Against the backdrop of the Covid-19 pandemic and maintaining the health and safety of employees as a priority, Aim-listed AfriTin delivered an impressive interim performance, CEO Anthony Viljoen says.
The company has continued to exceed production targets at the Uis tin mine, in Namibia, resulting in a marked increase in revenue during the period.
“While a firm focus has been on exceeding steady-state production and ensuring the Phase 1 pilot processing plant cost base becomes more efficient, attention has also been directed to the potential for additional revenue streams and consolidating our tech-metal exposure.
“We believe the Erongo region will become a globally significant metallogenic province for new technology metals, allowing for significant revenues and potentially substantial economies of scale within the licence areas and region,” Viljoen states.
During the interim period, the operation of the Phase 1 pilot processing plant achieved production of 368 t of tin concentrate (227 t of contained tin), with 313 t of tin concentrate (199 t of contained tin) shipped to the company’s offtake partner Thaisarco, resulting in revenues of £5.1-million.
This represents a 468% increase from the corresponding six-month period last year, with an average tin price achieved of $33 794/t and a gross profit margin recorded of 22%.
“Tin is a critical component of the decarbonisation revolution and an increased need for semi-conductors has seen the demand for tin increase significantly.
“On the supply side, Covid-related smelter closures, shipping delays and decades of underspending on exploration and mine development have resulted in supply constraints, the net effect of which is the unprecedented prices that were sustained throughout the period. We expect these strong prices to continue in the period ahead,” Viljoen notes.
He says that, with a firm focus on the Phase 2 operation, a key milestone on the company's growth path was the publication in May of the definitive feasibility study (DFS) for the expansion of the Uis Phase 1 pilot processing plant.
“The robust economics of the DFS provides us with an opportunity to increase the production of tin concentrate by 67%, thereby increasing the revenue and profit margin of the current operation while importantly de-risking the expansion of the project into the much larger Phase 2 operation,” Viljoen notes.
The expansion project has since started with the ordering of long-lead items, the appointment of a project implementation team and engineering detailing to facilitate procurement and fabrication.
Post-period end, headline terms for a N$90-million (about £4.5-million) senior secured term loan were agreed with Standard Bank Namibia to finance the Phase 1 expansion.
AfriTin also plans to capitalise on the opportunity to develop additional revenue streams to the company's tin concentrate product by expediting the lithium and tantalum by-product test work programmes, Viljoen informs.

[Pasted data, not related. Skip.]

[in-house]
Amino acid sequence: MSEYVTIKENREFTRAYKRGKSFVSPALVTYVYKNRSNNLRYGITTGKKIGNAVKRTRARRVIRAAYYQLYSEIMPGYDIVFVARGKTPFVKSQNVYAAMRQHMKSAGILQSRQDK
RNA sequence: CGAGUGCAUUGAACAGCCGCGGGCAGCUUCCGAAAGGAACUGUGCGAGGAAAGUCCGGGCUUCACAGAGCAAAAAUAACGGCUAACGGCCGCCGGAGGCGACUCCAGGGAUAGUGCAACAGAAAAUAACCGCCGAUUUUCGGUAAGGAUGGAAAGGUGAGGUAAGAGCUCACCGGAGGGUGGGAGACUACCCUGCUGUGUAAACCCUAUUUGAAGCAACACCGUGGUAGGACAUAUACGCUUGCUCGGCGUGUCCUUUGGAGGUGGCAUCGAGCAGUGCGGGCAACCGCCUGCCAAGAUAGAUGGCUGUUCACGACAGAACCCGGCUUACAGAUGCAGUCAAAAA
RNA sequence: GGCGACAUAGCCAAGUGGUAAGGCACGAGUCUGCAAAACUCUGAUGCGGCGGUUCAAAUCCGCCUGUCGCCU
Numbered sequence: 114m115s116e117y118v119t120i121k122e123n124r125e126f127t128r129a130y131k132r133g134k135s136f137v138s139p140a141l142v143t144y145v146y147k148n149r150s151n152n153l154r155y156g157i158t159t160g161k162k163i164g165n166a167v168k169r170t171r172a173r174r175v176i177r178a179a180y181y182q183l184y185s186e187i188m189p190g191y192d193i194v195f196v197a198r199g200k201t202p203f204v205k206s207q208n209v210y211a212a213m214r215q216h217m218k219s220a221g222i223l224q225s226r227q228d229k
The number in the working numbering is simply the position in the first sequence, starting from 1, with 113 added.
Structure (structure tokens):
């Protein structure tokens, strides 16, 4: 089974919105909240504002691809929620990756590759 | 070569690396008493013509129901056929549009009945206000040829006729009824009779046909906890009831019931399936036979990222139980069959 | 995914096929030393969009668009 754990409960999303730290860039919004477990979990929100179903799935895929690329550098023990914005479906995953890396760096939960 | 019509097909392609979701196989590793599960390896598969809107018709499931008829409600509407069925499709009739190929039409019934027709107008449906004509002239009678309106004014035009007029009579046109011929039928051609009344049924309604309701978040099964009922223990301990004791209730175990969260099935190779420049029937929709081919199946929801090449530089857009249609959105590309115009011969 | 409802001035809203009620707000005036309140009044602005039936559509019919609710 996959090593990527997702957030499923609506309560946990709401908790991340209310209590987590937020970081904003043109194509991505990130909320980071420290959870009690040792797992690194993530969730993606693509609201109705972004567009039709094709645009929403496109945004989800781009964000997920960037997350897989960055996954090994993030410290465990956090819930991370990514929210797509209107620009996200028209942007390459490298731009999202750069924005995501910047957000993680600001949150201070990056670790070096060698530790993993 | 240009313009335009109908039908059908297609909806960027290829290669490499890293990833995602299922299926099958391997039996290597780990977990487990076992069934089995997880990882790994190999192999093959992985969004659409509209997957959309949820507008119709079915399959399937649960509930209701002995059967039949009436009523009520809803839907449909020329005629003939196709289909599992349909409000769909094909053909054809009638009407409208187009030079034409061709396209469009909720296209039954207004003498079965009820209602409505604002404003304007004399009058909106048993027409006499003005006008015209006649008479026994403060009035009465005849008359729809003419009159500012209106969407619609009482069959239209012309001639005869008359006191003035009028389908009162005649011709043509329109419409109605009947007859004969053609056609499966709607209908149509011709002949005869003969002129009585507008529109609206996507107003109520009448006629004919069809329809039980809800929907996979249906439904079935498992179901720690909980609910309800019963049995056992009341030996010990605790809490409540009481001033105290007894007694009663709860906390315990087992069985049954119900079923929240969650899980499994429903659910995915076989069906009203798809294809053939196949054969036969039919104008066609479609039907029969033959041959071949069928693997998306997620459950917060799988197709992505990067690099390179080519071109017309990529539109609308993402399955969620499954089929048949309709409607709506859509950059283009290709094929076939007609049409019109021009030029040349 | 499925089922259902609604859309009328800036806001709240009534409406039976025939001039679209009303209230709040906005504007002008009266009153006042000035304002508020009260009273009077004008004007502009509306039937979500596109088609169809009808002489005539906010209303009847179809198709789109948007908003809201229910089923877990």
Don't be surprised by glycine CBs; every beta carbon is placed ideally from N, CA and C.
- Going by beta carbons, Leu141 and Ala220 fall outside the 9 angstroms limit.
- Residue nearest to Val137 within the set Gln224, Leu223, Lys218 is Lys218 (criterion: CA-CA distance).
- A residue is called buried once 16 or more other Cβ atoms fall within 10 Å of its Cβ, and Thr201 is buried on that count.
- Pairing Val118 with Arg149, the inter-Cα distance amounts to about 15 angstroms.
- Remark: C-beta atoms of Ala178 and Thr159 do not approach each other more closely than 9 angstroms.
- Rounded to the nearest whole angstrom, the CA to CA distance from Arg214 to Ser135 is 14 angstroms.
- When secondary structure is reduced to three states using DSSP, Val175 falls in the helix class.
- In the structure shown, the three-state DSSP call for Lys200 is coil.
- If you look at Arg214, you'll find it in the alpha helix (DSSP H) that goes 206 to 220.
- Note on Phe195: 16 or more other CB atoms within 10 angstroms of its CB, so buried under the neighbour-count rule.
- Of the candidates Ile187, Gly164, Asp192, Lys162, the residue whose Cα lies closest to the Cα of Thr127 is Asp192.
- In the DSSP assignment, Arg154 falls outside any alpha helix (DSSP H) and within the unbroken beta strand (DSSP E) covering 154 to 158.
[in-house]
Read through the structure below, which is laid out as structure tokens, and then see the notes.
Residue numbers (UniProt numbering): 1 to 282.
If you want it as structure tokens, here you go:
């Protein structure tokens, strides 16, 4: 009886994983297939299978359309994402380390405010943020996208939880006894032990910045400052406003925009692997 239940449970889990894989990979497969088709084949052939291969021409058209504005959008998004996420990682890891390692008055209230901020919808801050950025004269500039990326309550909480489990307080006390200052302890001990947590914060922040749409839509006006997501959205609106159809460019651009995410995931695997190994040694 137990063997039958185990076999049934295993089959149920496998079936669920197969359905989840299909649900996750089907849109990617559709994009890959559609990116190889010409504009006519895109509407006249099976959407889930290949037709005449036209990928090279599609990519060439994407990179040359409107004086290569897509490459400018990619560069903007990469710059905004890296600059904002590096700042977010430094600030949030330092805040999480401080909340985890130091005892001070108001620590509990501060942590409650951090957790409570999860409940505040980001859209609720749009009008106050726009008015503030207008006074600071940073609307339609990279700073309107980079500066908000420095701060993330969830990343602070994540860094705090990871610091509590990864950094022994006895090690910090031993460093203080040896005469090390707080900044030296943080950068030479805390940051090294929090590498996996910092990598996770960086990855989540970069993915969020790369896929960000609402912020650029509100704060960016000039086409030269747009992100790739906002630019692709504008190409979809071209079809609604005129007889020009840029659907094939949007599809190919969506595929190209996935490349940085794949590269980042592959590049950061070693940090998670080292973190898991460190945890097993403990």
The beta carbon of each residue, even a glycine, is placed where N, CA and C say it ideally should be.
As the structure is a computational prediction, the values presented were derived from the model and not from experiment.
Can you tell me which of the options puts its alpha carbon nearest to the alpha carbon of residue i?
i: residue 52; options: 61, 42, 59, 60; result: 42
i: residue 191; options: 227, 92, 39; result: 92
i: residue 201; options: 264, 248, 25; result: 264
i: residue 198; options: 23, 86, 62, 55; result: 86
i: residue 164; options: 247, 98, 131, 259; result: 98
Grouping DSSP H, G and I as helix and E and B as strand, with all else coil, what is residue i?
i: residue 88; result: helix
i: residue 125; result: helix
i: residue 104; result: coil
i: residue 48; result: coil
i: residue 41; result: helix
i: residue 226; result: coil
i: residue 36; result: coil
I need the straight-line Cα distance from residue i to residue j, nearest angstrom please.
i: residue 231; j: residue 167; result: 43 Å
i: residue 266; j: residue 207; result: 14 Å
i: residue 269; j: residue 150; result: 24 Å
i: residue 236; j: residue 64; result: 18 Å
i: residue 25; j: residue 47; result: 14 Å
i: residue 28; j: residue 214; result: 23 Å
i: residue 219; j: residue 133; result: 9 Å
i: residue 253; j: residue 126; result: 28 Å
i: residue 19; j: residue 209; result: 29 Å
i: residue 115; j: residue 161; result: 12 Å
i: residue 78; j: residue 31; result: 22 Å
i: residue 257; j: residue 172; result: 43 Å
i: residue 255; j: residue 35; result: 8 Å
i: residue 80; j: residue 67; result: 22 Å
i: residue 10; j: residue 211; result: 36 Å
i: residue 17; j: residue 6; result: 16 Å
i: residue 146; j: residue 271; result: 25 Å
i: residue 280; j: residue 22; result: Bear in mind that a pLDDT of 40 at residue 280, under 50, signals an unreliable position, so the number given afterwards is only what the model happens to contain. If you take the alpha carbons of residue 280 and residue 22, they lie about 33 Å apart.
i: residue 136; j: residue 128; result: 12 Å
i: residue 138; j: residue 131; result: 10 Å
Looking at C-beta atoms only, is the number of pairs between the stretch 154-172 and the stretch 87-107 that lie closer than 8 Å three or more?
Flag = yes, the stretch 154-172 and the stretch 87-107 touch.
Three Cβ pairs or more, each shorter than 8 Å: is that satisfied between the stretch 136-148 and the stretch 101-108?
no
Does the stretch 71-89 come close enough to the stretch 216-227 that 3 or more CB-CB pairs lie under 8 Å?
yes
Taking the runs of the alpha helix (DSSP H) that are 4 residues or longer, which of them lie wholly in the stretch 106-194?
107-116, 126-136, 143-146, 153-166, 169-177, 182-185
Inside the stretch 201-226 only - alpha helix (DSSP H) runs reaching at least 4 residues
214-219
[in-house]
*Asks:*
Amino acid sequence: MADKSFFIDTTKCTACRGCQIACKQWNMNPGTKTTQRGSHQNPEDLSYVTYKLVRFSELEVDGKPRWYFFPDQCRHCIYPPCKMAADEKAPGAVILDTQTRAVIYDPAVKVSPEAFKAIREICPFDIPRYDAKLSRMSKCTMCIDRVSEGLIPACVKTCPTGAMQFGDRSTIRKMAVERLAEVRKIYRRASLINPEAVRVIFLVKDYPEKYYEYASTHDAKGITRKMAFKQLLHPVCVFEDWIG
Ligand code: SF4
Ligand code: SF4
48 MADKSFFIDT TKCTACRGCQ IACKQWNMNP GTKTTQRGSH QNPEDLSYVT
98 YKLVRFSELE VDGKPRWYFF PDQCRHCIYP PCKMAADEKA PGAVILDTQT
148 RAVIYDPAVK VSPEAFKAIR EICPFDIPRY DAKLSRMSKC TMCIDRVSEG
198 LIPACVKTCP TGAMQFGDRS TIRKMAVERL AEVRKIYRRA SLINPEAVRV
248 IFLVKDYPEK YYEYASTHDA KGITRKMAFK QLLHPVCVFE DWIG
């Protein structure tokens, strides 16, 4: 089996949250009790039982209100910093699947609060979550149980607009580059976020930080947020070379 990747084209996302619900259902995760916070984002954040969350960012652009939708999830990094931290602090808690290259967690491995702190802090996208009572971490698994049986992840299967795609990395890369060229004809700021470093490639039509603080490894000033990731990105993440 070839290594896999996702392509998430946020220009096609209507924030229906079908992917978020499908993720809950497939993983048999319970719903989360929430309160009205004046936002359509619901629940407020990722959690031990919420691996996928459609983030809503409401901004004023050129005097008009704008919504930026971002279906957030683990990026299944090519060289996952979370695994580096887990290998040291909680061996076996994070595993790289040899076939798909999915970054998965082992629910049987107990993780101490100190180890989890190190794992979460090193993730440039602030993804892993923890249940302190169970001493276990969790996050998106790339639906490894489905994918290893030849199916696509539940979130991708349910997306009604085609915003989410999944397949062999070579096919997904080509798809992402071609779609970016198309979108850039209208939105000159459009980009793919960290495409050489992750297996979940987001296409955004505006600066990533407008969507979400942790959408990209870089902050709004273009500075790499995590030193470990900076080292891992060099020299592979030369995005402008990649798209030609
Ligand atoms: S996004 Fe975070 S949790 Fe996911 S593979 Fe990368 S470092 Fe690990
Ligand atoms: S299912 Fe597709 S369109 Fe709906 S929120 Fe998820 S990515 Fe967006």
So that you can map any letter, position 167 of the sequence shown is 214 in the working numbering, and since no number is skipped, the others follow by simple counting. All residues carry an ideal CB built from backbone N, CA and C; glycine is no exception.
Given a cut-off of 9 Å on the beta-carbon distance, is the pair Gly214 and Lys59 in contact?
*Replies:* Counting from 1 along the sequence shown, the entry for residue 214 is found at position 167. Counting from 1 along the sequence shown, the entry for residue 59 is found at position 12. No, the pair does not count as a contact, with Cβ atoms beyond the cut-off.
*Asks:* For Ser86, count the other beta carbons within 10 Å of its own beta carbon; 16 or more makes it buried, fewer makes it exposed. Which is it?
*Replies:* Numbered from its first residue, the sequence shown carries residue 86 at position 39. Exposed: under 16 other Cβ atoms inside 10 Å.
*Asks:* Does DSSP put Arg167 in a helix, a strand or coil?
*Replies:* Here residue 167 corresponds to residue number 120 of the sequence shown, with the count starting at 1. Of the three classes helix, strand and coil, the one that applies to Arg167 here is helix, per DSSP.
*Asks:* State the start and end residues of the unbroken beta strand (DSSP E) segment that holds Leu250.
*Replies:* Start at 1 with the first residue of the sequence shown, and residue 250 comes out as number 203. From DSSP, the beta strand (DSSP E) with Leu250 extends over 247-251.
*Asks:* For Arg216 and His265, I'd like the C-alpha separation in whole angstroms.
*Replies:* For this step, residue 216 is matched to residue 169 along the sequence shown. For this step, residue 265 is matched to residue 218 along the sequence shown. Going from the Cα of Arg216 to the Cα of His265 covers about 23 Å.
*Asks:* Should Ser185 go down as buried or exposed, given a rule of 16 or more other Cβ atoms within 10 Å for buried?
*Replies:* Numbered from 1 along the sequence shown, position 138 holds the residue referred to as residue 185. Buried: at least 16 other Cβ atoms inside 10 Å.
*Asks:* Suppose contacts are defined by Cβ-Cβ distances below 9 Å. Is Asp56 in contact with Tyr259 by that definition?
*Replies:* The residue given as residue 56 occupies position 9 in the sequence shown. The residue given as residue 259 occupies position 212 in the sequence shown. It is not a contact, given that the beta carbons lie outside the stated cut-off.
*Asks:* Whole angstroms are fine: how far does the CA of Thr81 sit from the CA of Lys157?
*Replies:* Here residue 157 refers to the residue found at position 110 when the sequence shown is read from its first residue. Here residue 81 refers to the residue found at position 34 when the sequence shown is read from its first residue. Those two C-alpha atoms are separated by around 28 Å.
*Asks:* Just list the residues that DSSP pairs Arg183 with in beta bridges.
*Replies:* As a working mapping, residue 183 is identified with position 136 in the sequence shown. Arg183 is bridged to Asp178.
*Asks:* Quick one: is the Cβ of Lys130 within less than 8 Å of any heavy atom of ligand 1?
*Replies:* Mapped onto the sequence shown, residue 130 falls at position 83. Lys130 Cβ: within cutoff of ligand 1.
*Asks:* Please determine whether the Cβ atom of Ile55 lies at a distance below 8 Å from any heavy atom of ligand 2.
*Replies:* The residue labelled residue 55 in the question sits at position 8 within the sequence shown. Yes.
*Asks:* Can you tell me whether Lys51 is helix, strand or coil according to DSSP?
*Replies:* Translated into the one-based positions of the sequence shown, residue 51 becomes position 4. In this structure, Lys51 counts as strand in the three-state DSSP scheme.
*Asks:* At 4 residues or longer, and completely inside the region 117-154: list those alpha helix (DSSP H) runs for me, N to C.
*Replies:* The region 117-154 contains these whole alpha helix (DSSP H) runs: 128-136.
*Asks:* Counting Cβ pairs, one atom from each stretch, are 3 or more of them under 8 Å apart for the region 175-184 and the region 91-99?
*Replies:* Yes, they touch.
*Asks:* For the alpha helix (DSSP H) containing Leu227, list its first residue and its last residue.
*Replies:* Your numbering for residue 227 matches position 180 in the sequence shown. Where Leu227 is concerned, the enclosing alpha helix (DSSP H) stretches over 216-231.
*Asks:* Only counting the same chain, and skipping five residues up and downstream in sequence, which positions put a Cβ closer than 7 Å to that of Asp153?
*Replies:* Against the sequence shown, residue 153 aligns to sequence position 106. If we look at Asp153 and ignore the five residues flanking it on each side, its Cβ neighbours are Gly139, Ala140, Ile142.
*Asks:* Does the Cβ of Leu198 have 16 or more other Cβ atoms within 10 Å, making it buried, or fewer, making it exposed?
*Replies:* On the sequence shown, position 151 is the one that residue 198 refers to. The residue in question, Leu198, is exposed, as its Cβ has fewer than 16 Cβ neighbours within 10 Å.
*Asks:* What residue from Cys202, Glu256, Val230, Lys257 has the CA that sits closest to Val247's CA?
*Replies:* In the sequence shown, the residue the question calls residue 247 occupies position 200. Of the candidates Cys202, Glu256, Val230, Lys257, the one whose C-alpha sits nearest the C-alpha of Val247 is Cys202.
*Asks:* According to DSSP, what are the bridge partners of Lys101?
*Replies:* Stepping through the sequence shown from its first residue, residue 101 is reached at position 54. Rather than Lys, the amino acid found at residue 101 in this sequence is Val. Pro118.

“The launch of a new technology metal regional expansion programme in the second half of the financial year is a step toward unlocking the potential of a new metallogenic province that is the Erongo region of Namibia,” he says.
While the current Joint Ore Reserves Committee (2012) ore reserve estimate over the V1 and V2 pegmatites only considers tin mineralisation, AfriTin intends to add the potential by-product minerals of tantalum and lithium oxide in due course.
In this vein, the period under review saw the start of a larger exploration focus with the initiation of 8 000 m lithium and tantalum exploration drilling programme over the V1/V2 orebody to run over the next 12 months.
This will lead the existing ore reserve estimate for tin to be updated for tantalum and lithium oxide.
In tandem with the exploration focus, lithium and tantalum extraction test work programmes have been designed to increase the confidence levels of its by-product potential.
“This is a significant step in the movement towards the realisation of additional revenue streams. While optimisation test work continues, the company will proceed with the process flow design for a pilot tantalum concentrate production facility, with implementation planned for the fourth quarter,” says Viljoen.
In May, the company announced the placing of 216.7-million ordinary shares to raise £13-million (before expenses). The capital raised enables the company to start the Phase 1 expansion of Uis and develop the inherent value of its Namibian licence portfolio through the unlocking of its metallurgy and exploration potential, says Viljoen.
The 2019 convertible loan notes and 2020 loan notes were also settled during the period.
AfriTin expects to complete the expansion of the Phase 1 pilot processing plant in the second quarter of 2022.